I've seen teeth last several years then a FNG learns the brake and you go through a set in no time. Don't let the FNG use the brake and it helps a lot!
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Old 12-25-2010, 07:28 PM
rothalion rothalion is offline
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Also you should be able to 'put the fingers to sleep'. You can set the back gauge so it will wait until you tell it to move. We have the 2000 with the whole graphic programing side but I am pretty sure I used to sleep the older 2000's/first generation machines as well. Let me know and Ill tell you how. It comes in handy when going from say 20" to a 1/2" and all your stocks inside the machine.
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Old 12-25-2010, 07:34 PM
rothalion rothalion is offline
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Quote:
Originally Posted by MattM View Post
I always found bend sequence pretty much governs whether or not I was tweaking the fingers. Some sequences just avoid the binding altogether. Then again we sheared everything whereas the guys still using the slitters are going to be seeing curved edges.

General rule of thumb is to set your stock size based off the first hem. Figure out a good straight hem pressure so your material gets a straight edge on the hem side. When I say set your stock size that means everything into the jaw with the to be hemmed edge poking out. You should be within 1/64th after that. If not pull out the manual and adjust your leading edge!

I've seen teeth last several years then a FNG learns the brake and you go through a set in no time. Don't let the FNG use the brake and it helps a lot!

FNG I like that. Took me a second to translate...Thank goodness no one touches our machines except myself and one other guy (STG) and the boss. When I first went back to this shop they only had four good fingers on the machine all in the middle and couldn't figure out why everything came out crooked.

Also I had a salesman tell the boss that if you change one finger you should change the whole set...I don't think so, any truth to that?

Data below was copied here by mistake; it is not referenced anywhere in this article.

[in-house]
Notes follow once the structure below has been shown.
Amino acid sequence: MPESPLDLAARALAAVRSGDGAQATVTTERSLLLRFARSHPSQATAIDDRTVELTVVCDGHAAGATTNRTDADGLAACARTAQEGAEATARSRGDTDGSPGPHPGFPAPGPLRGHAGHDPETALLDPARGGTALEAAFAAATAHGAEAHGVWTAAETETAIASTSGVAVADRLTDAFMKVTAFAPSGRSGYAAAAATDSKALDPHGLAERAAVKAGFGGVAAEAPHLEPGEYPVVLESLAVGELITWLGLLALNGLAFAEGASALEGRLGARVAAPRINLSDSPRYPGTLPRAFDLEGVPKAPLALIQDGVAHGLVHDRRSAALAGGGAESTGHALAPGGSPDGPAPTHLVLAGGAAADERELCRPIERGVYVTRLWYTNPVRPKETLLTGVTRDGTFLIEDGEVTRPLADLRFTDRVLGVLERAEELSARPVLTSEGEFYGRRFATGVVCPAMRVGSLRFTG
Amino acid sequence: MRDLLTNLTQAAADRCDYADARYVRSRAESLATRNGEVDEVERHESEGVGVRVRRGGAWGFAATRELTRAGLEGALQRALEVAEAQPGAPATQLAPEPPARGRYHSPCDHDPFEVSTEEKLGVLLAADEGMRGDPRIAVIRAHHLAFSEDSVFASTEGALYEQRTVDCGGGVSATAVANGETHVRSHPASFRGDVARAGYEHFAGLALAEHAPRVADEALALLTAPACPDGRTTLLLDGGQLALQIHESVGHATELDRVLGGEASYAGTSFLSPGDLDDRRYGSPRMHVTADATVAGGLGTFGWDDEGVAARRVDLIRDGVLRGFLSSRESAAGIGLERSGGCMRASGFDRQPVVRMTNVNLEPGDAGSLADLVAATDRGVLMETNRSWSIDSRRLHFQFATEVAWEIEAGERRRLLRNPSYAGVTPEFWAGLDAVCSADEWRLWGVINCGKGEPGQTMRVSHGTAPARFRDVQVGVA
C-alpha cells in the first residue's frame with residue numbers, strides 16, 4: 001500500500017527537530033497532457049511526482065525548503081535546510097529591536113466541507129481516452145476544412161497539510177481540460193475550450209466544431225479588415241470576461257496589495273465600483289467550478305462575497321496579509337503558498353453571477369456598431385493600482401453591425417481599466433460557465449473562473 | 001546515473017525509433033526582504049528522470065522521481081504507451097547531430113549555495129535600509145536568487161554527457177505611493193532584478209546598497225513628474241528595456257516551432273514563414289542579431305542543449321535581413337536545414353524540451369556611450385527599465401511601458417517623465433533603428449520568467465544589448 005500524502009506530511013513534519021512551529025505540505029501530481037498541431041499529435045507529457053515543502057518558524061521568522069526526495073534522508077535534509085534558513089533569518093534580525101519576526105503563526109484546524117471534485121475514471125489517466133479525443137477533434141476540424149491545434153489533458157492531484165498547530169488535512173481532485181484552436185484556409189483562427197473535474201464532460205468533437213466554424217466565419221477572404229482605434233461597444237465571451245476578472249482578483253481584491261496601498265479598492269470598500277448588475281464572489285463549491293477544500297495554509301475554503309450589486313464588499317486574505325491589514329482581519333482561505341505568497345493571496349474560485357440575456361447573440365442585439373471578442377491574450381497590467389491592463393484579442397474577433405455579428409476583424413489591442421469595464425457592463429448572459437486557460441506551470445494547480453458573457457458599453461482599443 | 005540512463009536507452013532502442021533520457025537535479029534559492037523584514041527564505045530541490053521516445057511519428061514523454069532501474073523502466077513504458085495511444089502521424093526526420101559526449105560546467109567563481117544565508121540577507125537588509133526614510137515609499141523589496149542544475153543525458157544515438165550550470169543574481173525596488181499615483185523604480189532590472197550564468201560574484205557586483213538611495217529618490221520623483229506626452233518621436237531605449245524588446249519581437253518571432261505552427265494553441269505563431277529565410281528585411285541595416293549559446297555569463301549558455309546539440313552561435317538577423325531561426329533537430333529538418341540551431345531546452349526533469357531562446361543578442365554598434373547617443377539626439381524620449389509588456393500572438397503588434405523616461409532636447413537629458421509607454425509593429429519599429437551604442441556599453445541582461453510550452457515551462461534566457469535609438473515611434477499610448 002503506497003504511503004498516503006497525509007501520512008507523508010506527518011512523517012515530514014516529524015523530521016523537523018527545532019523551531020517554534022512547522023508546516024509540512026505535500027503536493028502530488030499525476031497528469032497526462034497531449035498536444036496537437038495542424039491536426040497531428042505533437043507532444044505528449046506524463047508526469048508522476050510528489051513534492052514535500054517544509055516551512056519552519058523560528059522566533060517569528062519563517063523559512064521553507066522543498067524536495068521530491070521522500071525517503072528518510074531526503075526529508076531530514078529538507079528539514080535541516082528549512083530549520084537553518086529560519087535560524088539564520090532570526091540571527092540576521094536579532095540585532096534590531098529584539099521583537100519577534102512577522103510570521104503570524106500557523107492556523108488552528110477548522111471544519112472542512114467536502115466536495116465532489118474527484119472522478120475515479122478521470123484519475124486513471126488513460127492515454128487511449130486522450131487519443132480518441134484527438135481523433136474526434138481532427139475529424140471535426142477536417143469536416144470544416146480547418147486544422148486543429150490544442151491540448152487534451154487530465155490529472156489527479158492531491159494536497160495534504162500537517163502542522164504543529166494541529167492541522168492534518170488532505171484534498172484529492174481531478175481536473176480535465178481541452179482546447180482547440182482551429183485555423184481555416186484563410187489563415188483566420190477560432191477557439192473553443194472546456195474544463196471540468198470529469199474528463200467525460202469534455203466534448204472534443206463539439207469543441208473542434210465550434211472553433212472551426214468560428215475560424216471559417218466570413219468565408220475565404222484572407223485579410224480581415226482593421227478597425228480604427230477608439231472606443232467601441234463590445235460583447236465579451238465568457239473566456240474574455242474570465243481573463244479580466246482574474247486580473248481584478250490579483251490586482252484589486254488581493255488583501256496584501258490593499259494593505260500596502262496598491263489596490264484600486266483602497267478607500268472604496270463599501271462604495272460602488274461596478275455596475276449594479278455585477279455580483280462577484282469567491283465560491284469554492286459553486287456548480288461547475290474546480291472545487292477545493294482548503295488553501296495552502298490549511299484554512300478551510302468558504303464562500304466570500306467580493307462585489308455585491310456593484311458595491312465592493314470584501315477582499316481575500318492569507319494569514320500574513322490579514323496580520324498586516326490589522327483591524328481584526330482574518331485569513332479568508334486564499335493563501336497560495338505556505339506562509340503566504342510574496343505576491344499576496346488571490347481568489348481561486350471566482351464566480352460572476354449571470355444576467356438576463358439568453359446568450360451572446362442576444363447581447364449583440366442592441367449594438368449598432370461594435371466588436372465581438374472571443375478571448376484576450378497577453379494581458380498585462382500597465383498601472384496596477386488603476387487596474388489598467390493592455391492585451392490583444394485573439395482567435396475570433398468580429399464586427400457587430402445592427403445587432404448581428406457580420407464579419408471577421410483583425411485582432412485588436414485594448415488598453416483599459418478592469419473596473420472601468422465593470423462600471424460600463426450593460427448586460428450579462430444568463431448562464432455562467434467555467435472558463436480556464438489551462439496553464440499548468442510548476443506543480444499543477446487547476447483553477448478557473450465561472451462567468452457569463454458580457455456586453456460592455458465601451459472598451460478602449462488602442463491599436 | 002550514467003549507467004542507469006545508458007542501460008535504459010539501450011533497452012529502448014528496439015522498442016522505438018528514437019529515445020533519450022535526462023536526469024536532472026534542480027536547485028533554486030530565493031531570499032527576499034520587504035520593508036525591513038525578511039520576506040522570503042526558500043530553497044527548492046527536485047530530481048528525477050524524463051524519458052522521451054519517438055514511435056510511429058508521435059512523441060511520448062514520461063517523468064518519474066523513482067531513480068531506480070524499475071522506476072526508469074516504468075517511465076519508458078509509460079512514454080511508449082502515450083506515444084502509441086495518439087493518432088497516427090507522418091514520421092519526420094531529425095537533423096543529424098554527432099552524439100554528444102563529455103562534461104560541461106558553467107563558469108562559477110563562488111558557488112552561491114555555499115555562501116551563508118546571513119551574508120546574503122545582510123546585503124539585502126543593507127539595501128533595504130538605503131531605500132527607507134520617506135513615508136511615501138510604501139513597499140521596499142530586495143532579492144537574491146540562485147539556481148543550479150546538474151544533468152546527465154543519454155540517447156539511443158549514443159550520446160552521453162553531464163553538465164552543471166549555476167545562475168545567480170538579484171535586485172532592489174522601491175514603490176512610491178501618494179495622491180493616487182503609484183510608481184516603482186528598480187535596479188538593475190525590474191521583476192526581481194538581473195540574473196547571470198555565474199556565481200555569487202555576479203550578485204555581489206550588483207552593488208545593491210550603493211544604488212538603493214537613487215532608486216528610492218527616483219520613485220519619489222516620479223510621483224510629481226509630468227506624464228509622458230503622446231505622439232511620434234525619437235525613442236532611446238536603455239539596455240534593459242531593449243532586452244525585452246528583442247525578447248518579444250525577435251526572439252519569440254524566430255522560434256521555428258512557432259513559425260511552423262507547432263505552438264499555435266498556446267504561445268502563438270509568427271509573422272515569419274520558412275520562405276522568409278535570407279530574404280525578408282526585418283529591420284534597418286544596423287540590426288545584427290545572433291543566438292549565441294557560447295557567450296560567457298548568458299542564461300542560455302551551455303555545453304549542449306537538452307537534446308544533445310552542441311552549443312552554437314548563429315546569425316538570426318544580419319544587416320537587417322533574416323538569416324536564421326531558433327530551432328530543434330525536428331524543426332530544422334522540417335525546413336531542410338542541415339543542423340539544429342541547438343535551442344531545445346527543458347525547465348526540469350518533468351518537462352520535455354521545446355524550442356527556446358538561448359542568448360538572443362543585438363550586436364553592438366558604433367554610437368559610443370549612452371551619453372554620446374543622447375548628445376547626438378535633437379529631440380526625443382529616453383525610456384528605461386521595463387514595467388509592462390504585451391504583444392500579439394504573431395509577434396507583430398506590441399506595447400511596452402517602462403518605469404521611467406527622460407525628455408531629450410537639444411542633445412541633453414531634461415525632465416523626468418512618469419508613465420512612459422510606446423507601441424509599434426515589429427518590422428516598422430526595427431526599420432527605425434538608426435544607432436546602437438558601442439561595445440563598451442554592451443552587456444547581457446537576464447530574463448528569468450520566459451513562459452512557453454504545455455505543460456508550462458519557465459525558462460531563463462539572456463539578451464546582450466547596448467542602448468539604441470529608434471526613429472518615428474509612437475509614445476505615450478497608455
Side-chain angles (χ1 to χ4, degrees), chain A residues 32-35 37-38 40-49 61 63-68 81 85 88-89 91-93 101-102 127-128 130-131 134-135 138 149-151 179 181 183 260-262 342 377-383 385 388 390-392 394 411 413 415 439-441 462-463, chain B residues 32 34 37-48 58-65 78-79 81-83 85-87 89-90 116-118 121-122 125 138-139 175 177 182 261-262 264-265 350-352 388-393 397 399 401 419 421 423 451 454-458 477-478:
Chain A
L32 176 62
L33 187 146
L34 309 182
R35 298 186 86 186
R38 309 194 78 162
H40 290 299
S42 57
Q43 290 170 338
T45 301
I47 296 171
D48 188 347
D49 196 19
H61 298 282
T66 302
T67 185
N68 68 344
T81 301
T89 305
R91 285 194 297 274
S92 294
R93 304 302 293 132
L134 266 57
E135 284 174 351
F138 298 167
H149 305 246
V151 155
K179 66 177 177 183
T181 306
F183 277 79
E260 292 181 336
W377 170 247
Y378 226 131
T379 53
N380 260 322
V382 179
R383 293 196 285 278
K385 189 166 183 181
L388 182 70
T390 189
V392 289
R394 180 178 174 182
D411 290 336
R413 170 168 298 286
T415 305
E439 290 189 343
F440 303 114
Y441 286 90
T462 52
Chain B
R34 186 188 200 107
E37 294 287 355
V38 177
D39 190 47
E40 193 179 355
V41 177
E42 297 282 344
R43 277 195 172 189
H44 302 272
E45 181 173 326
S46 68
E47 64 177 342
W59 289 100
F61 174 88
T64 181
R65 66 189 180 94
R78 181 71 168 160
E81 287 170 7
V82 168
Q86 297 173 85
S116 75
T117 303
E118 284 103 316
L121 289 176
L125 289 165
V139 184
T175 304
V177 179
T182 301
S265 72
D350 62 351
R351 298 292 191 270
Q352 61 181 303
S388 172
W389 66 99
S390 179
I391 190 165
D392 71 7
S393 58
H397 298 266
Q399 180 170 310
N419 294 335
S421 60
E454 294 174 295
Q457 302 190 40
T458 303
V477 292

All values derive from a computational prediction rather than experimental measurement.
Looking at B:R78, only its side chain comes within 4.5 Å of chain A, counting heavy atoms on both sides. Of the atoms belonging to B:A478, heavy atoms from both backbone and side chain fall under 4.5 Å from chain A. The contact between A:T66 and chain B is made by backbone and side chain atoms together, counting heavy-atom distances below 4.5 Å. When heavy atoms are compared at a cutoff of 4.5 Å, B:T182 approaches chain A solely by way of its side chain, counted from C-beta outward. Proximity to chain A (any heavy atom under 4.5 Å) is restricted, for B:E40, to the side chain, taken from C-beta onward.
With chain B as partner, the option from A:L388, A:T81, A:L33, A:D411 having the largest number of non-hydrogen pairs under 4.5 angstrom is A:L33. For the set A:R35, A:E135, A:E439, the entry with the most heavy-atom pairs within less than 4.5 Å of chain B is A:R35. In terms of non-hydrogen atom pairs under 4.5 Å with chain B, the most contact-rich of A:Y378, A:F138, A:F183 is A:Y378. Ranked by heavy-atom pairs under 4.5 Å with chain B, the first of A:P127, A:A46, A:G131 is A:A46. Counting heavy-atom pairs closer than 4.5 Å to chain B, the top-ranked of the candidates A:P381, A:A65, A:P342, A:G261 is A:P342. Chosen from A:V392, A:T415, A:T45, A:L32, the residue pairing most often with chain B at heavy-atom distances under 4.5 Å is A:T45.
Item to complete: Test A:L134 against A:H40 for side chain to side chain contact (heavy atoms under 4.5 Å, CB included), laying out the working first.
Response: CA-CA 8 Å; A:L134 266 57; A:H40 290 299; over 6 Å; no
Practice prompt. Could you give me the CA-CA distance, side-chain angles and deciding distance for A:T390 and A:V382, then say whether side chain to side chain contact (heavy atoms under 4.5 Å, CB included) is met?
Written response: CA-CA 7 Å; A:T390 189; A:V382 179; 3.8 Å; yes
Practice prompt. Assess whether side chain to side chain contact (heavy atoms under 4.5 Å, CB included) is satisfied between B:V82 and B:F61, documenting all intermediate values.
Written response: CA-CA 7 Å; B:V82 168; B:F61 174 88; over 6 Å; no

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Old 12-27-2010, 11:50 PM
Ganf Ganf is offline
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Quote:
Originally Posted by rothalion View Post
Also you should be able to 'put the fingers to sleep'. You can set the back gauge so it will wait until you tell it to move. We have the 2000 with the whole graphic programing side but I am pretty sure I used to sleep the older 2000's/first generation machines as well. Let me know and Ill tell you how. It comes in handy when going from say 20" to a 1/2" and all your stocks inside the machine.
Thats what I need to know. 99% of the time I bend a finger this is why. Such as the box gutter I was just making that had a 32.75" stretch out. What a pain.

Whoever told the customer he's always right needs to be lashed bloody.
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Old 01-06-2011, 10:41 PM
rothalion rothalion is offline
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Quote:
Originally Posted by Ganf View Post
Thats what I need to know. 99% of the time I bend a finger this is why. Such as the box gutter I was just making that had a 32.75" stretch out. What a pain.

Whoever told the customer he's always right needs to be lashed bloody.
Cool glad to help! Like my boss says..."Its a damn machine you are the boss make it do what you want it to do!"

Wow that's a big gutter. Our standard box gutter is 21". What are you putting that on?
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Old 01-09-2011, 07:26 PM